Reliability, or the degree to which the resource can be depended on to be accurate, and accessibility are the most critical issues. After all, resources that you can’t trust or access when you need the information are valueless. Reliability can only be judged by comparison to a gold standard. If you were wanting to know the reliability of similar resources to report the elimination half-lives and you looked at several resources for several different agents and compared the resources to the results reported in Phase I clinical trials and population modeling studies, you would be able to get a reasonable idea of which of those resources were the most reliable.

It is important to understand the intended target audience and use of any resource. Compendia are brief, abstracted summaries of information that provide rapid access to specific pieces of information. If all you want to know are the available tablet sizes, compendia such as Lexicomp or Micromedex can be quick and easy. However, while comprehensive, compendia may not provide sufficient detail or context to make the information useful.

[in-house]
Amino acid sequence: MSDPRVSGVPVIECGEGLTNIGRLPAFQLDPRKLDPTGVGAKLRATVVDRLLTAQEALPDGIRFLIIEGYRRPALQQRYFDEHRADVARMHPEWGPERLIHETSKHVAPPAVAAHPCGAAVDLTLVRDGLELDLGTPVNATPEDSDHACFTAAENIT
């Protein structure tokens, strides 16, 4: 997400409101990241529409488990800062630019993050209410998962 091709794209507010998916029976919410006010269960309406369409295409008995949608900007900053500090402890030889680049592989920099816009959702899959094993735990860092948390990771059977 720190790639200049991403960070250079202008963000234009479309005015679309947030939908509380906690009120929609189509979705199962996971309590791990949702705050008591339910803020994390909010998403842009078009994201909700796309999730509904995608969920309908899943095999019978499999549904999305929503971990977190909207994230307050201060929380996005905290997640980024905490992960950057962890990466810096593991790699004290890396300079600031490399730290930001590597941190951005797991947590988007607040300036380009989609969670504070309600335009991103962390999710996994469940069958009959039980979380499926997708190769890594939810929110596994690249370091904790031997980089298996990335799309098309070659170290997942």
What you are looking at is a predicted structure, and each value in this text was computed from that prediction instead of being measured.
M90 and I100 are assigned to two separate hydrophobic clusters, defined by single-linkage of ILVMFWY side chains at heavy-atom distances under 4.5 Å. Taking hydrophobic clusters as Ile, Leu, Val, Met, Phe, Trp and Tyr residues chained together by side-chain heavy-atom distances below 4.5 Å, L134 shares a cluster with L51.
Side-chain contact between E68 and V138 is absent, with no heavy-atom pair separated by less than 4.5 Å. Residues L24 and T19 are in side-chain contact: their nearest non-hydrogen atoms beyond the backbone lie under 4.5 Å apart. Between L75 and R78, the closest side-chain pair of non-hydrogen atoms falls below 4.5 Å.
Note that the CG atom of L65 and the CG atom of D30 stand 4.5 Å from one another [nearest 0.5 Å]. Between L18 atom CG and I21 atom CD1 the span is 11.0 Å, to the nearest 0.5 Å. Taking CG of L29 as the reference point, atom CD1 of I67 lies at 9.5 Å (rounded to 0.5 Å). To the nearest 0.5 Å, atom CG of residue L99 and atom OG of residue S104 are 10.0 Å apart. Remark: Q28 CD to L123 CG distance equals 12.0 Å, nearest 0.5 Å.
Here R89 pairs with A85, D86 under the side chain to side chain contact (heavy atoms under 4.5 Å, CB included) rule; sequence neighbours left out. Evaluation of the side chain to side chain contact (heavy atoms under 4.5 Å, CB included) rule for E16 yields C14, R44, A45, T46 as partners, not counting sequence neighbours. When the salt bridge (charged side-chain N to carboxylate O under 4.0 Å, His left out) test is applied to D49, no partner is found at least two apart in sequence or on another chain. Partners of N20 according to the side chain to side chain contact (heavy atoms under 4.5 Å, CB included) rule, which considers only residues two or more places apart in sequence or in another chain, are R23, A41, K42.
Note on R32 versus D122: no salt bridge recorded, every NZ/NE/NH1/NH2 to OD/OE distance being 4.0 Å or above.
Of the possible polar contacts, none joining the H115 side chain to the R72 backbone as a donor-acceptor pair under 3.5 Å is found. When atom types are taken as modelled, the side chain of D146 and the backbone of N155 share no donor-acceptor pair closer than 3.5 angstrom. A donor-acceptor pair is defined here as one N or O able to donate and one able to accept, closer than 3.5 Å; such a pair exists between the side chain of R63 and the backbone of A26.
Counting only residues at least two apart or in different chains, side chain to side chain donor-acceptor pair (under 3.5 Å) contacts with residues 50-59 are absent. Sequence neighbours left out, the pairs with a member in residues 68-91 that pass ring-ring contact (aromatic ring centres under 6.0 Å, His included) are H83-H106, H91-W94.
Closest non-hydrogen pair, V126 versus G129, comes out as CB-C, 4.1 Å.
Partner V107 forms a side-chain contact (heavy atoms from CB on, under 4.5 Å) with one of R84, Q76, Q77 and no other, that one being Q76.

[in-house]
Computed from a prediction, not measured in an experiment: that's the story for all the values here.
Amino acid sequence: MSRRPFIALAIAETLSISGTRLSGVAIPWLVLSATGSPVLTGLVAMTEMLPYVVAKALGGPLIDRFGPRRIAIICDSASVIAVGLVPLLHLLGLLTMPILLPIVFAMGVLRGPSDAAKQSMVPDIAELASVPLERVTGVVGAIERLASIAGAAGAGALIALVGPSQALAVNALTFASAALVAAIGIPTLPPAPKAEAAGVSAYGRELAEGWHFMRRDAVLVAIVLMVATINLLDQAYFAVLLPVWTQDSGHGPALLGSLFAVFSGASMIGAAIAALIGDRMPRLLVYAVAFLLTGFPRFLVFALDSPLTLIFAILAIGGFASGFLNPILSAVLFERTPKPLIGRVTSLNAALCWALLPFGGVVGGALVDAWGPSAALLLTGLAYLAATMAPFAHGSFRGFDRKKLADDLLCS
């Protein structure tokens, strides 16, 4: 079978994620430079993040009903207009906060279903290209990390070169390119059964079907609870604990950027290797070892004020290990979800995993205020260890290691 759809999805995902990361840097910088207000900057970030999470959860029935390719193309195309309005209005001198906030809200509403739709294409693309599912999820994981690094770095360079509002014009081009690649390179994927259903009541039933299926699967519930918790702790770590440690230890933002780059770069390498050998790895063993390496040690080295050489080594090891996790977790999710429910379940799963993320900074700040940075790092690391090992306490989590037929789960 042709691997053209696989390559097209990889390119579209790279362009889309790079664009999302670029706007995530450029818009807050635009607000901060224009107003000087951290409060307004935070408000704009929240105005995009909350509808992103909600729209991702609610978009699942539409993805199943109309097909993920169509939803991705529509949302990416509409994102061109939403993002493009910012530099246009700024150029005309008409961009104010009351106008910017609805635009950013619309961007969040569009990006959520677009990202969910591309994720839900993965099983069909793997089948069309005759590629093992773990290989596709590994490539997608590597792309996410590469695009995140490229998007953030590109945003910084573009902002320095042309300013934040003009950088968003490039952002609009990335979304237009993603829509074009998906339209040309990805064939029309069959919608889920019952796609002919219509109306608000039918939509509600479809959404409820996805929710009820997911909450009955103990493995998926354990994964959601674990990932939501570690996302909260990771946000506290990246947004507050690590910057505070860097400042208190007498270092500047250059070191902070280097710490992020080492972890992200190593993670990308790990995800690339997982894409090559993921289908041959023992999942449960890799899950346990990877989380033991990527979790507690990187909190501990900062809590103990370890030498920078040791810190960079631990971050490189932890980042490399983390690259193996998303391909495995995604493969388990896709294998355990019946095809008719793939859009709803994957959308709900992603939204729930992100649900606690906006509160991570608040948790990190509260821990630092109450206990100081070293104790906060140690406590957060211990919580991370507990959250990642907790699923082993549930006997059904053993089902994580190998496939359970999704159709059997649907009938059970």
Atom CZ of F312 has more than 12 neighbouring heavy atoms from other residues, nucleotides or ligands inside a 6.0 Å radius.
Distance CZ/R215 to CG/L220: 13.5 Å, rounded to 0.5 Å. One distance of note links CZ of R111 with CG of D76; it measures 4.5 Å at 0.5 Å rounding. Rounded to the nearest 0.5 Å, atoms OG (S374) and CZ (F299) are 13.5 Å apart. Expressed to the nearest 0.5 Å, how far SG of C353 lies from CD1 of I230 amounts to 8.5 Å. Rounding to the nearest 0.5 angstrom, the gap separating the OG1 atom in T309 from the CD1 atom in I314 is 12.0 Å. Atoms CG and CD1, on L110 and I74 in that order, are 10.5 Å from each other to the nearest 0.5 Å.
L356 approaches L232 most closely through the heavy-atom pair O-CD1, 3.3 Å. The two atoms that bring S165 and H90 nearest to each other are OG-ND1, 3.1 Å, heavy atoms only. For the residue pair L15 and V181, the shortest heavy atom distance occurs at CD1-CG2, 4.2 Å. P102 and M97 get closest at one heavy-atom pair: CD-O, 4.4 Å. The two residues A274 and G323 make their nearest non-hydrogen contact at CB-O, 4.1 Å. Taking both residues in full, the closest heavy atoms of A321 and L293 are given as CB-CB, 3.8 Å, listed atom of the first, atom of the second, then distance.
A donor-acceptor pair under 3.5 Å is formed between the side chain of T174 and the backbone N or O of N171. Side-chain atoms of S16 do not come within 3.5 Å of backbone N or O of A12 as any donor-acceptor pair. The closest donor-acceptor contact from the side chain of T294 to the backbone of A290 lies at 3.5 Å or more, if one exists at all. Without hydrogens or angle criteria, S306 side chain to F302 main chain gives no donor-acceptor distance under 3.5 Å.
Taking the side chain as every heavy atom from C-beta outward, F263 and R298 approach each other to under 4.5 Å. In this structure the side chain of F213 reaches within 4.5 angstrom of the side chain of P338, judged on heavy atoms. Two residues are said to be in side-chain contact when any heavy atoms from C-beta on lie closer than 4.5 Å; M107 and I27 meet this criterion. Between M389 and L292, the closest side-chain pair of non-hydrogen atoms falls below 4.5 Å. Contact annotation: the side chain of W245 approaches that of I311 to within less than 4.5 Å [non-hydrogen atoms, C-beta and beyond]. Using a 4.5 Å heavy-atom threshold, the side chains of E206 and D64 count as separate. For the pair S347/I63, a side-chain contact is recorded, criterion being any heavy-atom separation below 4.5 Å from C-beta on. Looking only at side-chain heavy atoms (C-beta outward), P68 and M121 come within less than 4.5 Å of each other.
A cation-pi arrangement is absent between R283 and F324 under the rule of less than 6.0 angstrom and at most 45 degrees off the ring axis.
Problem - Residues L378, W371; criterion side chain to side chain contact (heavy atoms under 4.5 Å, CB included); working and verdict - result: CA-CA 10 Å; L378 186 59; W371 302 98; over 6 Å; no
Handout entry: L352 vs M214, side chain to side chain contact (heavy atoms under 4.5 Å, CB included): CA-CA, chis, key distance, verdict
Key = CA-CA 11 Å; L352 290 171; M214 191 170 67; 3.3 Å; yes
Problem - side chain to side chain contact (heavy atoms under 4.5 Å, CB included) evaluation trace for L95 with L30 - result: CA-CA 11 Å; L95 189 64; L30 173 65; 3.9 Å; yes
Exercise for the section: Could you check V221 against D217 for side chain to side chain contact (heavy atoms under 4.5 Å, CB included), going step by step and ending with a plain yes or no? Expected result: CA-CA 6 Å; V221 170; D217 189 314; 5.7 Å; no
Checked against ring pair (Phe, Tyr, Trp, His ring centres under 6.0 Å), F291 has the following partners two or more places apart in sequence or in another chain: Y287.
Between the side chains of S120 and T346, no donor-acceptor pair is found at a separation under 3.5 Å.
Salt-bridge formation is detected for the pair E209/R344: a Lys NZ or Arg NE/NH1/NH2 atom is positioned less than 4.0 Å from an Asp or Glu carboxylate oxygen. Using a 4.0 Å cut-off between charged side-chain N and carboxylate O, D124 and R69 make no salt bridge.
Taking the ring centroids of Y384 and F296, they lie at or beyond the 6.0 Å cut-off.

Review articles can provide a more useful overview of a specific area and usually much more detail than compendia. Additionally, a good review article can critique and add the context to understand the information. The use of network meta-analysis in systematic reviews is beginning to provide a source of much-needed information that can fill in the gaps that exist between studies, such as comparison of two agents that were never in the same study. This new and rapidly evolving type of review currently lacks adequate correction for possible differences in the populations included in the individual studies used for the comparisons. This can lead to false conclusions elegantly derived from inappropriately included studies.